In the lead up to World AIDS Day 2012, three passionate advocates for an HIV-free generation will come together in UNAIDS’ first Google+ Hangout to talk about how the world is moving towards zero new HIV infections among children by 2015 and keeping their mothers alive.On 27 November at 2:30 pm GMT (London), 9:30 am ET (New York), Annie Lennox, UNAIDS International Goodwill Ambassador, Michel Sidibé, UNAIDS Executive Director, and Florence Ngobeni, Elizabeth Glaser Pediatric AIDS Foundation Ambassador, will share their insight on the global effort to end new HIV infections among children in the next 1000 days.The Hangout will be broadcast live on UNAIDS’ Google+ page.Viewers can submit questions to the three panellists via Twitter, using the hashtag #ZeroHIV and by posting on UNAIDS’ Facebook and Google+ pages.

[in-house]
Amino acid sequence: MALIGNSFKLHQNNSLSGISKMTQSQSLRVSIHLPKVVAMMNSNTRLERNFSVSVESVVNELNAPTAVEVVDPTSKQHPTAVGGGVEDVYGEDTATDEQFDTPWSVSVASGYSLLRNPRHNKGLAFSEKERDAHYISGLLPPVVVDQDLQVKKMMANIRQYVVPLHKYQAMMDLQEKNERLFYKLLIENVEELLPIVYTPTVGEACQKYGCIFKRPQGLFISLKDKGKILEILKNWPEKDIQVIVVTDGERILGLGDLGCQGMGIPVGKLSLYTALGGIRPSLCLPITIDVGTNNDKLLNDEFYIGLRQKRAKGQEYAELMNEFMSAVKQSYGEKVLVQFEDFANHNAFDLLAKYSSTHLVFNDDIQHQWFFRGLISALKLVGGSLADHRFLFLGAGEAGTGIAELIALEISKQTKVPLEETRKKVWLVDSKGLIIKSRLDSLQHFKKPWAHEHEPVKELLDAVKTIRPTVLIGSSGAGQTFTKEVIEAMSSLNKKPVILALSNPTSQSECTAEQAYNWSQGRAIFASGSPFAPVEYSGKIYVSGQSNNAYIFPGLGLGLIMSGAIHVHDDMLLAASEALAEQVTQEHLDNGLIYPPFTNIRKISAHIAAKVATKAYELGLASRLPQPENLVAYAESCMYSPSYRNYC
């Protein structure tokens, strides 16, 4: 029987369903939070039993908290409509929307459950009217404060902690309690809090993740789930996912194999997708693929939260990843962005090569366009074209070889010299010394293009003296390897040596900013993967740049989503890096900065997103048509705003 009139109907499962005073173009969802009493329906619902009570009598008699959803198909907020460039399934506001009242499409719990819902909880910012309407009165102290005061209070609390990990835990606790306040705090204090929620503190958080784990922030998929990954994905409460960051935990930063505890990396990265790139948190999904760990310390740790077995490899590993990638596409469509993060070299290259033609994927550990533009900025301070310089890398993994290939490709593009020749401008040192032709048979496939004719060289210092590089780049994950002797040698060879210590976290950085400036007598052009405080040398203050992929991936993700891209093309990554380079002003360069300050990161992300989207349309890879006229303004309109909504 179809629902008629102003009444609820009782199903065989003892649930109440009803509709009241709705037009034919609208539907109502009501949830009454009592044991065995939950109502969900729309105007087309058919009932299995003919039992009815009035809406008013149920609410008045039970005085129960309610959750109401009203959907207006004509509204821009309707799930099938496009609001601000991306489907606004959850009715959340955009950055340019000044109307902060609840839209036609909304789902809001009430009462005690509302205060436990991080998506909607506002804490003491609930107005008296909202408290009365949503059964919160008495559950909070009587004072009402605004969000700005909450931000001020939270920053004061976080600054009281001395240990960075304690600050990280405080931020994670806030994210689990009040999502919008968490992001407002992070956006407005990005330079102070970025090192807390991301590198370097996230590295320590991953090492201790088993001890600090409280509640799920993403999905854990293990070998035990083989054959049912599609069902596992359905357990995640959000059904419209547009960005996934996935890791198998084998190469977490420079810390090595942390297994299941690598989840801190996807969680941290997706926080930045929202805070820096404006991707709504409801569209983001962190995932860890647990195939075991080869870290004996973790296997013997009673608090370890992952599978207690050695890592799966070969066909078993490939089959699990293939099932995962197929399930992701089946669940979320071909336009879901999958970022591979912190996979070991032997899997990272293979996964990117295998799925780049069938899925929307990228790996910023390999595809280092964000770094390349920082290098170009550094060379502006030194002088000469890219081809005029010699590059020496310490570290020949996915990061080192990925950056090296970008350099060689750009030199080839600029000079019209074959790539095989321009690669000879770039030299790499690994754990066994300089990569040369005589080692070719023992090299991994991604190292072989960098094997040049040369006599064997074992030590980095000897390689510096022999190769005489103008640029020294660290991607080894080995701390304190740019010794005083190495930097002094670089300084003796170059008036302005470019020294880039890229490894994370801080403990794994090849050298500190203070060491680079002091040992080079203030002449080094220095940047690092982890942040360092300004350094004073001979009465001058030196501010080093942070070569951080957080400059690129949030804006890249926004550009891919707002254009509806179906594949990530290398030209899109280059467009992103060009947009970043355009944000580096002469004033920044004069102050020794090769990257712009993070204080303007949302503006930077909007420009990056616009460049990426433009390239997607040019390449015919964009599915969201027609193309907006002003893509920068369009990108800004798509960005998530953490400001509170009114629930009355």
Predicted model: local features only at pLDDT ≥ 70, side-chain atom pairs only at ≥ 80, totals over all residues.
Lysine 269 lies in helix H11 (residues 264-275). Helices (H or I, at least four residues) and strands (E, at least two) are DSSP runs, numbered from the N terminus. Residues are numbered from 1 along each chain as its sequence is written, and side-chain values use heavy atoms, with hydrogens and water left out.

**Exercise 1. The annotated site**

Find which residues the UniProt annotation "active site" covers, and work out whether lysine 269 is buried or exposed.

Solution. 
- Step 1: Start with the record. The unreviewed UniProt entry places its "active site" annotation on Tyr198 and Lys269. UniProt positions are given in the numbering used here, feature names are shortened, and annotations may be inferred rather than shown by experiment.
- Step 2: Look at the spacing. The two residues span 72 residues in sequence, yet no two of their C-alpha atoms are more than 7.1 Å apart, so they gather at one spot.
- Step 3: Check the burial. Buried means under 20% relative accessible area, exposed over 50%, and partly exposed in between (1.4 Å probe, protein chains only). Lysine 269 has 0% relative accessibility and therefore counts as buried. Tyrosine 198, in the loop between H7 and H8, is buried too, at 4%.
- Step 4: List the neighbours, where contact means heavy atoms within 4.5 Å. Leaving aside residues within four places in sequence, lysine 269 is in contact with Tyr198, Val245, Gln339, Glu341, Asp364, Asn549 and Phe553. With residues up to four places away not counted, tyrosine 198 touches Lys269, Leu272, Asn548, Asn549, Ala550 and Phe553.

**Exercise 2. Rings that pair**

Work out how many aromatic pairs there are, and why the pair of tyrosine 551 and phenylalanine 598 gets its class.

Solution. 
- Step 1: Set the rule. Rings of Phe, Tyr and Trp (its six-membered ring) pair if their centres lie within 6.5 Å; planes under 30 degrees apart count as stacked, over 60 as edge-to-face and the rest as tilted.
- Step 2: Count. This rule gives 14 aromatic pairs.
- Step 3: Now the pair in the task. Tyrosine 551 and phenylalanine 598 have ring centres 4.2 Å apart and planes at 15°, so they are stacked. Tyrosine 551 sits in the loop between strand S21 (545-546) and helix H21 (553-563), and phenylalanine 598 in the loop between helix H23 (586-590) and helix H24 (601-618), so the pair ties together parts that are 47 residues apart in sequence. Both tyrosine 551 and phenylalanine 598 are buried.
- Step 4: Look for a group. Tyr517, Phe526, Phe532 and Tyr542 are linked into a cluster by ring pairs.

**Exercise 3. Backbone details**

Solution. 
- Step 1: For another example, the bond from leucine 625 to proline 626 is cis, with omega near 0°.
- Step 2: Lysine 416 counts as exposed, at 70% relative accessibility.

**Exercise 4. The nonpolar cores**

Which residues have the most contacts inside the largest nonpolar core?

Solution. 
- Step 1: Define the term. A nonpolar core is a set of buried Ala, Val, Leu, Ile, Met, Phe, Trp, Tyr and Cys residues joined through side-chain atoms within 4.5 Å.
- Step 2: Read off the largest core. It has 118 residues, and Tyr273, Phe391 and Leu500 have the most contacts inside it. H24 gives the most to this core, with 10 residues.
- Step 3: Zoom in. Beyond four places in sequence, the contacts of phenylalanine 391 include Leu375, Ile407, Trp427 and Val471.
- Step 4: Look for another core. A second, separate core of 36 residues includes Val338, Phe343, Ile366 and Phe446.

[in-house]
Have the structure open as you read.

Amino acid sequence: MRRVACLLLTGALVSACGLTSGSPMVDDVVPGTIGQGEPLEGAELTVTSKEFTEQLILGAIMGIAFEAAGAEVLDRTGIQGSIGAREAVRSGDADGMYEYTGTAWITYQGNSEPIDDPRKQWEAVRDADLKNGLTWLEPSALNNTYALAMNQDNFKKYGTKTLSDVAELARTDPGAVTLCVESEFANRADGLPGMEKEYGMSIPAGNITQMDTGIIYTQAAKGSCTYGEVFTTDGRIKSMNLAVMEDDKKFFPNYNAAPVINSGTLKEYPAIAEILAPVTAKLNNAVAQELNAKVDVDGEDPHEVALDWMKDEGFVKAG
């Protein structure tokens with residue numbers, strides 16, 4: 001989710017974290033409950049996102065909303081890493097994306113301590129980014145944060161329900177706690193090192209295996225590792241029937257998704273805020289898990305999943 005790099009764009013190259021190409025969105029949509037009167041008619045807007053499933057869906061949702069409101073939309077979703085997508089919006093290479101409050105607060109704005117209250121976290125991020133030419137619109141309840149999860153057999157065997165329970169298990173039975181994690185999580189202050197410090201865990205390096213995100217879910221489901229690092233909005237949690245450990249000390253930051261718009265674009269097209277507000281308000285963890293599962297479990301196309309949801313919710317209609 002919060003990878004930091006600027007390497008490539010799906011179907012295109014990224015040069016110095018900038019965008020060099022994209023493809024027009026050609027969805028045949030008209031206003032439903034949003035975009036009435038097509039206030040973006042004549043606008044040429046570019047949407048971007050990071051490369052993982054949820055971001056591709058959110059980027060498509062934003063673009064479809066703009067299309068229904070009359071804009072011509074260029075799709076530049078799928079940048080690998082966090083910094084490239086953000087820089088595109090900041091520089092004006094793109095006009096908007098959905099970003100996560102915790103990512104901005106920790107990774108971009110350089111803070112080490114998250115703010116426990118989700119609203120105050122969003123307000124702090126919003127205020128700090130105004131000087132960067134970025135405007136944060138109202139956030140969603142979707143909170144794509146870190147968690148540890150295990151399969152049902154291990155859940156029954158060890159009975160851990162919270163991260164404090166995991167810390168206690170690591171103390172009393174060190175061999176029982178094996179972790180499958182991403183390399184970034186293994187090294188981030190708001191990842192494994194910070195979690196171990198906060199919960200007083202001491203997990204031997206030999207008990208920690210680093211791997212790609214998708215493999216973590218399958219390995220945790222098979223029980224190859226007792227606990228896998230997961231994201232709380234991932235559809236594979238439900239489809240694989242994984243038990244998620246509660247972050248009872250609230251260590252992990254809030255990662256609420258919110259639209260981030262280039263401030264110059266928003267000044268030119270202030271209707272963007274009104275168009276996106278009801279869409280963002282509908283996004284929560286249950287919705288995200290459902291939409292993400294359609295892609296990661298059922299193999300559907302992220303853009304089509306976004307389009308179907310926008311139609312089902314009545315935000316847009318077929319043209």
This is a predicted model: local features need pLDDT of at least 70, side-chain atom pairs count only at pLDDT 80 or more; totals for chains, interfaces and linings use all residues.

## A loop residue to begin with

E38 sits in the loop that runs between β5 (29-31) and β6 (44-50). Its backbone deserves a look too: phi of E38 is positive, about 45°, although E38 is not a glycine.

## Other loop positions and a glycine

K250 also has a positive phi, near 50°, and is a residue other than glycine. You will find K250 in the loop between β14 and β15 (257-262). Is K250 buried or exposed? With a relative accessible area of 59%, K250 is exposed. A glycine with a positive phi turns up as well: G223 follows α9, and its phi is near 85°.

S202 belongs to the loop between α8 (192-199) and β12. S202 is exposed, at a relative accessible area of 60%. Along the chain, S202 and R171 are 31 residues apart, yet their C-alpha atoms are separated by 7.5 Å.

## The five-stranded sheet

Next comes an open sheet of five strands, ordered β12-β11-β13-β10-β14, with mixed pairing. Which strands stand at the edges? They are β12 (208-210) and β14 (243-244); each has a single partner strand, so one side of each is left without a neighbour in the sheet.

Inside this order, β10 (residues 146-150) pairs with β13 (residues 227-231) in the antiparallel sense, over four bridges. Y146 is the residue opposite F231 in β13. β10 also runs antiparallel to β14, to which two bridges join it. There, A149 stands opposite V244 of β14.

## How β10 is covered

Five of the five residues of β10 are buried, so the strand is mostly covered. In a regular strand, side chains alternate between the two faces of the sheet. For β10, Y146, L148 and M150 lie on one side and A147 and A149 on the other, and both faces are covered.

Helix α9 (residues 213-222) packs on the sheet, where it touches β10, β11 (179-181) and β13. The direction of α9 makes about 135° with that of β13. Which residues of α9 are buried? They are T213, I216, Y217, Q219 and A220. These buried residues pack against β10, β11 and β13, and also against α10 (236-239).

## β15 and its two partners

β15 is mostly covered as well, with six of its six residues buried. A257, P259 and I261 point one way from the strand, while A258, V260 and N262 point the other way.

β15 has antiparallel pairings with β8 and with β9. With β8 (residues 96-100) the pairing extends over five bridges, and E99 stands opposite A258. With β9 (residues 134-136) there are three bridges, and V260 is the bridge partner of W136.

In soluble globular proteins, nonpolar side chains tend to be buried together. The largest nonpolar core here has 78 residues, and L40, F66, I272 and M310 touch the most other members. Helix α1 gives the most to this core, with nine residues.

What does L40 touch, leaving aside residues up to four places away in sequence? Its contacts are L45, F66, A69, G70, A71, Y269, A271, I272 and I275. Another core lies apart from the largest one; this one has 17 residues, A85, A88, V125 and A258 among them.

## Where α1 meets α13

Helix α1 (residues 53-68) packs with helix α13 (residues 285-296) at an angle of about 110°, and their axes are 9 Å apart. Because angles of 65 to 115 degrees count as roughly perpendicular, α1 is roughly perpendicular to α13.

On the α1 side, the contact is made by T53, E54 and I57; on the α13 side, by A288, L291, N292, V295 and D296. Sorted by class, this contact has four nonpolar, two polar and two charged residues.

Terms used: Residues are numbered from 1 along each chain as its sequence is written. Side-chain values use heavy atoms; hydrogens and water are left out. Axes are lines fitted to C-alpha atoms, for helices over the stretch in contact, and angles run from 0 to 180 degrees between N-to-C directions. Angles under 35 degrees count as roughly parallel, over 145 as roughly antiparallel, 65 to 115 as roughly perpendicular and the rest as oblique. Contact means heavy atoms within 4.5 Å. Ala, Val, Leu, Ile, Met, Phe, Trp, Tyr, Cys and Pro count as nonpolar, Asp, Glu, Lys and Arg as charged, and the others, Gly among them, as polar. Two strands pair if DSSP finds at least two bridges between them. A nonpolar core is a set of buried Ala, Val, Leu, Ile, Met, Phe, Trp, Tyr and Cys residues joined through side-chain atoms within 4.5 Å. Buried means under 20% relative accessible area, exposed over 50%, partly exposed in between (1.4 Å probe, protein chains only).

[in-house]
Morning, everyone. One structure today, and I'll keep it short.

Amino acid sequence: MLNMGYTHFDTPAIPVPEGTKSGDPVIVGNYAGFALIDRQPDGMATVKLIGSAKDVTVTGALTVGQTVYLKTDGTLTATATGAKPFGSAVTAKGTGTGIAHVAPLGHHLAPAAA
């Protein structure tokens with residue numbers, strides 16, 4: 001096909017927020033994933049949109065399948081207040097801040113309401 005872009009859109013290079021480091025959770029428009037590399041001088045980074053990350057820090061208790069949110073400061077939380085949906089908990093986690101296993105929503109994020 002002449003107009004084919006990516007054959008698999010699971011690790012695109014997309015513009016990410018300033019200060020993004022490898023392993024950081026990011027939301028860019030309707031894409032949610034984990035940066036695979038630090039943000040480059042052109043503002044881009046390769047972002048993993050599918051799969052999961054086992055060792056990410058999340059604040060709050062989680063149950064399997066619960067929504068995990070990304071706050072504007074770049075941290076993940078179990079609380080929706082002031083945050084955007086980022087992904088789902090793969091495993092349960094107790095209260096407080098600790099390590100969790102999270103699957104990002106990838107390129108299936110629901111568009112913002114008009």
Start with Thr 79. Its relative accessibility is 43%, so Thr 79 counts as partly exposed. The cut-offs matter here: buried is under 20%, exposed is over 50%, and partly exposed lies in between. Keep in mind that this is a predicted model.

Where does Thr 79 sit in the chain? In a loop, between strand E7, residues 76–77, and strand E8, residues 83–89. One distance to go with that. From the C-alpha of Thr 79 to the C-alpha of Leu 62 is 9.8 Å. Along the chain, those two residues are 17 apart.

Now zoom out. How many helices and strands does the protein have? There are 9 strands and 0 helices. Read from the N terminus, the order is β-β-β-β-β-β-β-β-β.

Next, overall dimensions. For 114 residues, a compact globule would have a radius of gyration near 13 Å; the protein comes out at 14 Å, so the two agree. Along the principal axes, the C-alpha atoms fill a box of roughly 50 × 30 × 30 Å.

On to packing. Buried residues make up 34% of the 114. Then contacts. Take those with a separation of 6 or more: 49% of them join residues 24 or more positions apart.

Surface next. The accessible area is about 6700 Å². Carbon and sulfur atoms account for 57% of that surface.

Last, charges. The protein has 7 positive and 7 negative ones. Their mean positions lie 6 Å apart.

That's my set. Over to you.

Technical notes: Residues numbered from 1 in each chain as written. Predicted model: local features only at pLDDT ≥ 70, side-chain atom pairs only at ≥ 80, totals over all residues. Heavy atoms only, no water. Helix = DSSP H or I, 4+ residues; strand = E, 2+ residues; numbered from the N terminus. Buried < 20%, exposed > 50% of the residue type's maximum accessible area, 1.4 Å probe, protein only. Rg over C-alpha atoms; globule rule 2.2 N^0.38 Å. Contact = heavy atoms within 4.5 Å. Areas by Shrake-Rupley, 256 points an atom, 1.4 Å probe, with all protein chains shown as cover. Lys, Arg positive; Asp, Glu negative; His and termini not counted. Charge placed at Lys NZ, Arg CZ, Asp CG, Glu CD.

Actor Tom Hiddleston has just returned home from his trip with UNICEF UK to Guinea in West Africa, and has blogged about his trip.“When I started writing this blog, I talked of life in Guinea as a “jigsaw puzzle, one where the pieces keep moving or changing shape, which in turn alters the picture. You might be looking at it from a different angle, or at a different time of day”. On my first night, Julien had suggested an idea of reality in Guinea as “open to interpretation”. In so many respects, that is true of all life. The view always changes with the viewer. That’s the law of relativity.“Here’s what’s not open to interpretation. Every year in the world more than two million children die of hunger. It shouldn’t be like this. Children in Guinea start life at a severe disadvantage. Those that are malnourished may survive in the end. If they are caught in time. If their mothers respond to symptoms early enough; if they make it to the centre de santé, which is often miles away; if they respond to the therapeutic peanut paste, and special therapeutic feeding milk. If their parents are able to grow crops and feed them with enough nutritious foods so they can keep healthy. If they win the fight against malaria. If they live near a good school. If they can get work. If their parents can protect them from exploitation by the military. If they are lucky. Previously malnourished children can make it. It sounds paradoxical to say it, but they are the lucky ones.“Malnourished children grow up at a disadvantage. They will be physically smaller, possibly with diminished intellectual capacity. Their brains and bodies won’t develop in the same way. Of course, there is always a chance that through hard work, education, training, and strength of will any individual can and will progress to great achievement. But these children start so far behind. The race of life – the race for life – is infinitely longer and infinitely harder. Every day there are challenges to their survival and development. Context is important. I’ve been privileged enough to have seen that context at first hand. They live in the middle of nowhere. There is no water. There is poor sanitation. There is a shortage of food. There is lack of education. Conditions are inconceivably hard: they are incredible, until you have seen them with your own eyes, until you have lived in their midst, even for the shortest while.“What I learned in Guinea is that we are all responsible for the state of our world. The world – and the system by which we trade, share, cooperate and conflict – is clearly not working. We are only as strong as our weakest members. UNICEF is run at every level by strong, relentlessly energetic, deeply capable people who use that strength, energy and capability to help those who need it most: the weakest, most disadvantaged women and children of our world. All I can do now is help make people aware of what is happening, of what they are doing. That is all that I can do. For now.”To read the full blog post, click here.